13 October 2015
Every decision you make is not a decision about what to do, it is a decision about who you are. — Neal Donald Walsch
I believe there is an instinctive urge within us to create, and be, our unique selves. That when we listen to that inner urge, we unfurl satisfaction and develop wisdom.
Doing so can be courageous in a culture that tries on every channel to get us to consume and conform, but I think that the world truly needs us tuning in to our core values and creating lives that reflect them.
This morning in yoga sun salutations, I moved into downward dog. It’s one of my favorite stretches—the tension of pushing heels gently toward the floor while simultaneously lifting the hips up, up, up, sits-bones rotating ever-so-slightly toward the sky. All the adjustments are minute in this pose, yet the stretch is intense, activating muscles along the entire back of my body-legs, butt, back, arms, neck. I love to take this stretch right to the edge of comfort, so it feels good but even a teeny bit more would be too much. If I’m listening in, my body instinctually knows right when to stop.
This is such a cool place—the leading, growing margin. Where awareness is tucked right up into the edge of exploration.
It’s easy to think of yoga as a bunch of poses. Actually, yoga is not the pose. Yoga is all about the stretch. But understanding of the pose gives us a target, focuses the attention on a shape and destination. Meanwhile, the breath helps keep us rooted in the present moment.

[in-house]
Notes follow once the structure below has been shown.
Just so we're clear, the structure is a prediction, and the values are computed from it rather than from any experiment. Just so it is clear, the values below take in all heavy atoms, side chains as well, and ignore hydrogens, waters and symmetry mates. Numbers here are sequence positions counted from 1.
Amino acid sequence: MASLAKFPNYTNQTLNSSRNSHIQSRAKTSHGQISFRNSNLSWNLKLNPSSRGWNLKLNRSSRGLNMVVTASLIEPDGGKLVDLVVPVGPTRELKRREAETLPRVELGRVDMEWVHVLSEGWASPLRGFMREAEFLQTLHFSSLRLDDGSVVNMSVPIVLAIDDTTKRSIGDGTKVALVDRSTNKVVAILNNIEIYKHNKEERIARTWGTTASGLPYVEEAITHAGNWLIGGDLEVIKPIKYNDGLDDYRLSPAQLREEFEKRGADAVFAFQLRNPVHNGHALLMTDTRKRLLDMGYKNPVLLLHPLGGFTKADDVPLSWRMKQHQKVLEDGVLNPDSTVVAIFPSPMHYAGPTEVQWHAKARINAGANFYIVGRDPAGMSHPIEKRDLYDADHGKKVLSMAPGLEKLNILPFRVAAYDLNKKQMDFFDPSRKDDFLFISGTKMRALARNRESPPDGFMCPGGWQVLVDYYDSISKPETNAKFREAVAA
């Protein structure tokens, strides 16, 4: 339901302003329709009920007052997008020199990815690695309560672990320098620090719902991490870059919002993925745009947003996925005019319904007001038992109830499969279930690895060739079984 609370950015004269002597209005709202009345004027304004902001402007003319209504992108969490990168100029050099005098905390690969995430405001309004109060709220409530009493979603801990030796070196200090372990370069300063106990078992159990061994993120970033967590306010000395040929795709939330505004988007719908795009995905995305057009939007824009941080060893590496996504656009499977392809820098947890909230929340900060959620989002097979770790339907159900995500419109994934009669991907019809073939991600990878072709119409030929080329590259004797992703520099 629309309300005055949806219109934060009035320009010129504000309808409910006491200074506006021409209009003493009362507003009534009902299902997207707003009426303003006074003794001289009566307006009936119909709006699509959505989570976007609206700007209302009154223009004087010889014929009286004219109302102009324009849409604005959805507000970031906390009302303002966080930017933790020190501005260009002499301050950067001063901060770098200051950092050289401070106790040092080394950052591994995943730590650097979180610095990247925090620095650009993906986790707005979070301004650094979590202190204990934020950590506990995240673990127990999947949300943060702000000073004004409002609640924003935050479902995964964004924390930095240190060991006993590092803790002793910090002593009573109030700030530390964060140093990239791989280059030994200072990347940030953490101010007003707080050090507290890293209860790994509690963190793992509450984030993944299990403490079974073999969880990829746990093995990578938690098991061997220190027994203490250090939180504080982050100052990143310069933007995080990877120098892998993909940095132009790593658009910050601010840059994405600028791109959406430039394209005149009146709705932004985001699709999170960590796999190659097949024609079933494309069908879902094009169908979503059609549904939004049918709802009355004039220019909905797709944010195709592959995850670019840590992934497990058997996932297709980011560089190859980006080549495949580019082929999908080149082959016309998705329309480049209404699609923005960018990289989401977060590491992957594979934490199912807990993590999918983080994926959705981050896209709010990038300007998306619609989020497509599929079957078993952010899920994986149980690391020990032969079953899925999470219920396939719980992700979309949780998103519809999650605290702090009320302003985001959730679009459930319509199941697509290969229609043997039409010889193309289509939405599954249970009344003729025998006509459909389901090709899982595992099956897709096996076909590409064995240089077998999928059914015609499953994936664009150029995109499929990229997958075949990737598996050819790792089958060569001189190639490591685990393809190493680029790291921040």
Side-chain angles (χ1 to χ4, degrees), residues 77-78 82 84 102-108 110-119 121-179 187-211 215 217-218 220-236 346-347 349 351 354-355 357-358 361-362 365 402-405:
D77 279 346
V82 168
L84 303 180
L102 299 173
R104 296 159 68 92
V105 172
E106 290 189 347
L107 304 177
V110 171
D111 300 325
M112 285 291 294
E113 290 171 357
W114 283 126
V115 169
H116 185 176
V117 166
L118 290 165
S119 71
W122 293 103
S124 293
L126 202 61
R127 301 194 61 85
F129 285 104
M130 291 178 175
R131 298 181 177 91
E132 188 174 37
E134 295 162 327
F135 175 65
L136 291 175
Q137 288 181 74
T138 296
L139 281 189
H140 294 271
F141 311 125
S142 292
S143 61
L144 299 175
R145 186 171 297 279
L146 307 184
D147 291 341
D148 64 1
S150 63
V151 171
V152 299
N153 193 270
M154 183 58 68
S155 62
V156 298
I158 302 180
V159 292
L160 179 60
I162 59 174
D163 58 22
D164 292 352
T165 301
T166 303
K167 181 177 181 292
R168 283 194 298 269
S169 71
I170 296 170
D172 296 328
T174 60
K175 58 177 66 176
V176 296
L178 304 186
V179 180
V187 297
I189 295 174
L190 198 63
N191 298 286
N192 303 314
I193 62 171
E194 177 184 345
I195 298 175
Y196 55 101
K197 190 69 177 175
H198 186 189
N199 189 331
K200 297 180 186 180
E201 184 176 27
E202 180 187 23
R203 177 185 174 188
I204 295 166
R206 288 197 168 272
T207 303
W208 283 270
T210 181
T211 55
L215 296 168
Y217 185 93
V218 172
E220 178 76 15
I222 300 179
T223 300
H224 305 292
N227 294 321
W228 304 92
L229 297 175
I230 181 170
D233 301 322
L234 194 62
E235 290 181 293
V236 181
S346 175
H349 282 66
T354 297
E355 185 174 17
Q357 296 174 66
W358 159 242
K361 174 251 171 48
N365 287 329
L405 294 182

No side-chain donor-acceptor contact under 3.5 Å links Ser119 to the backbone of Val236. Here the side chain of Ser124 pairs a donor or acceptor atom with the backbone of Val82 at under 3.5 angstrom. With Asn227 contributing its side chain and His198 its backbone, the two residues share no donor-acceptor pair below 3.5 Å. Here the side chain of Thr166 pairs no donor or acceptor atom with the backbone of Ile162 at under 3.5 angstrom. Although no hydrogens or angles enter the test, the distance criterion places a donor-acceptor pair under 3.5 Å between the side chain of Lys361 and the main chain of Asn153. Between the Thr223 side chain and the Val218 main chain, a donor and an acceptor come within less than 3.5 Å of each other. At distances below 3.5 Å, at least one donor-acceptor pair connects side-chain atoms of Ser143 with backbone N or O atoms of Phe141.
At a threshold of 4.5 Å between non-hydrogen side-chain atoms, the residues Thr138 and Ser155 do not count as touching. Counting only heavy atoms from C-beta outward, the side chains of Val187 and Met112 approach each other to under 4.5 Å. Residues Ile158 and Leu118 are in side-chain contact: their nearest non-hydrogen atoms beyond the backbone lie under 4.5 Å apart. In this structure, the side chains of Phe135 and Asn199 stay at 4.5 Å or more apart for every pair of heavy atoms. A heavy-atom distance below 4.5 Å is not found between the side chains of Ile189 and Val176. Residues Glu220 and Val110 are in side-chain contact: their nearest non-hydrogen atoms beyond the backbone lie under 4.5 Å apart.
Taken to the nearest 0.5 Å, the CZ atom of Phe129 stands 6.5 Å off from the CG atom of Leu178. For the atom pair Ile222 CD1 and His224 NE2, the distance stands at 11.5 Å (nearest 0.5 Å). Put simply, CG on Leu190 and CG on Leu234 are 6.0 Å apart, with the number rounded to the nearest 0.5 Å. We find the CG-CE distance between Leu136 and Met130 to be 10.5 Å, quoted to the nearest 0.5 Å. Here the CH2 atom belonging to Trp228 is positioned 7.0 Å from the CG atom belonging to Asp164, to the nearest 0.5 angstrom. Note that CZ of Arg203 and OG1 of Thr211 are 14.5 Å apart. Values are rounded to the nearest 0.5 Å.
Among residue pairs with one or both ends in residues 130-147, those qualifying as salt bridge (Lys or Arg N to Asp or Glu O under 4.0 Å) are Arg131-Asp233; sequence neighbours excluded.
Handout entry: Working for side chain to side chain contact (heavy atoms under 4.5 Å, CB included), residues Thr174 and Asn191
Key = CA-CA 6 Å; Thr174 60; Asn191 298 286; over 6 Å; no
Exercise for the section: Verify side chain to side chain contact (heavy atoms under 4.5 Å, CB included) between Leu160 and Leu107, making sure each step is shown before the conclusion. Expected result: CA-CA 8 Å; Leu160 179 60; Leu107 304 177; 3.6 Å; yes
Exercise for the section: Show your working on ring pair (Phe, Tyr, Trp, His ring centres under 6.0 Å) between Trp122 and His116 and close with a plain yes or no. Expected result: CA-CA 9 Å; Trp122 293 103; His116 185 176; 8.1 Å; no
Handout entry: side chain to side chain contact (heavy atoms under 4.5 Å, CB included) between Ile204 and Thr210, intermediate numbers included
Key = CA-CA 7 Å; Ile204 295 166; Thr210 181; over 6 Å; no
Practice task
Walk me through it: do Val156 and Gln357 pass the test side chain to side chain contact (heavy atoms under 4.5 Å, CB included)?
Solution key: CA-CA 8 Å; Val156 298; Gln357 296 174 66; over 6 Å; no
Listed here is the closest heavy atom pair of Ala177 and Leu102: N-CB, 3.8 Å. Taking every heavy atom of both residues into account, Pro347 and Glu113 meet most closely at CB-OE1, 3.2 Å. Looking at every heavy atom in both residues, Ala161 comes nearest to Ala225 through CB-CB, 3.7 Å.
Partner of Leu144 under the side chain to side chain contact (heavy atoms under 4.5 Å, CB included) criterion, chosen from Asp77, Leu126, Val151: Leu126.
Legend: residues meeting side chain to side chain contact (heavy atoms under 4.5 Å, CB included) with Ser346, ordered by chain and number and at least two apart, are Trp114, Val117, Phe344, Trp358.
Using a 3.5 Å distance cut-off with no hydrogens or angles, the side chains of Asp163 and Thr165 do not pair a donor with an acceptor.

To me, yoga is a beautiful analogy for living. Perhaps anything we are passionate about offers this same motivation—to repeatedly aim for something because it matters to us.
As I got up from the mat, I found myself wondering, what could help me align my days within the shape of my values in the same way a pose provides an objective in yoga. The image of a bullseye target floated to mind.
A center circle, with radiating concentric rings. And a few lovely arrows, like a little bonus, already sprouting from the center.
Thinking of those values and the inner urges, could I picture them as parts of that bullseye? What would land in smack dab in the core? What in the rings surrounding, and defining, that center?
I began considering my activities, letting loose an arrow in my mind and seeing where it landed. Some thwanged home, solid and strong, others flew utterly wild. And others, lost steam immediately, faltering and falling to the ground.
What was I shooting for with that arrow? What core value was I hoping to hit?
My broad categories include marriage, friendships and community, home, work, creative expression, fitness. Everyone has a unique assemblage of priorities. They develop from our upbringing, our experience, our circumstances. And they also arise from within, from the unique person that we each are.
Reflecting on how our activities align with our objectives, on whether our efforts are hitting the mark or flying into the weeds beyond, helps us improve our ability to live in a way that brings us satisfaction. It allows us to develop our aim for the qualities we place in the center of our lives.
I’m coming to think of satisfaction as a relationship we can develop. It includes how we engage with the people, circumstances and events that we encounter. It’s about how we respond to what we’re given, how we show up to it, how we add to it.
The world is big and overwhelming sometimes. The possibilities are endless. But we have little voices, nudging us toward a life full of value.
Each of us can create that target, set our sights on the bullseye and let our arrows fly.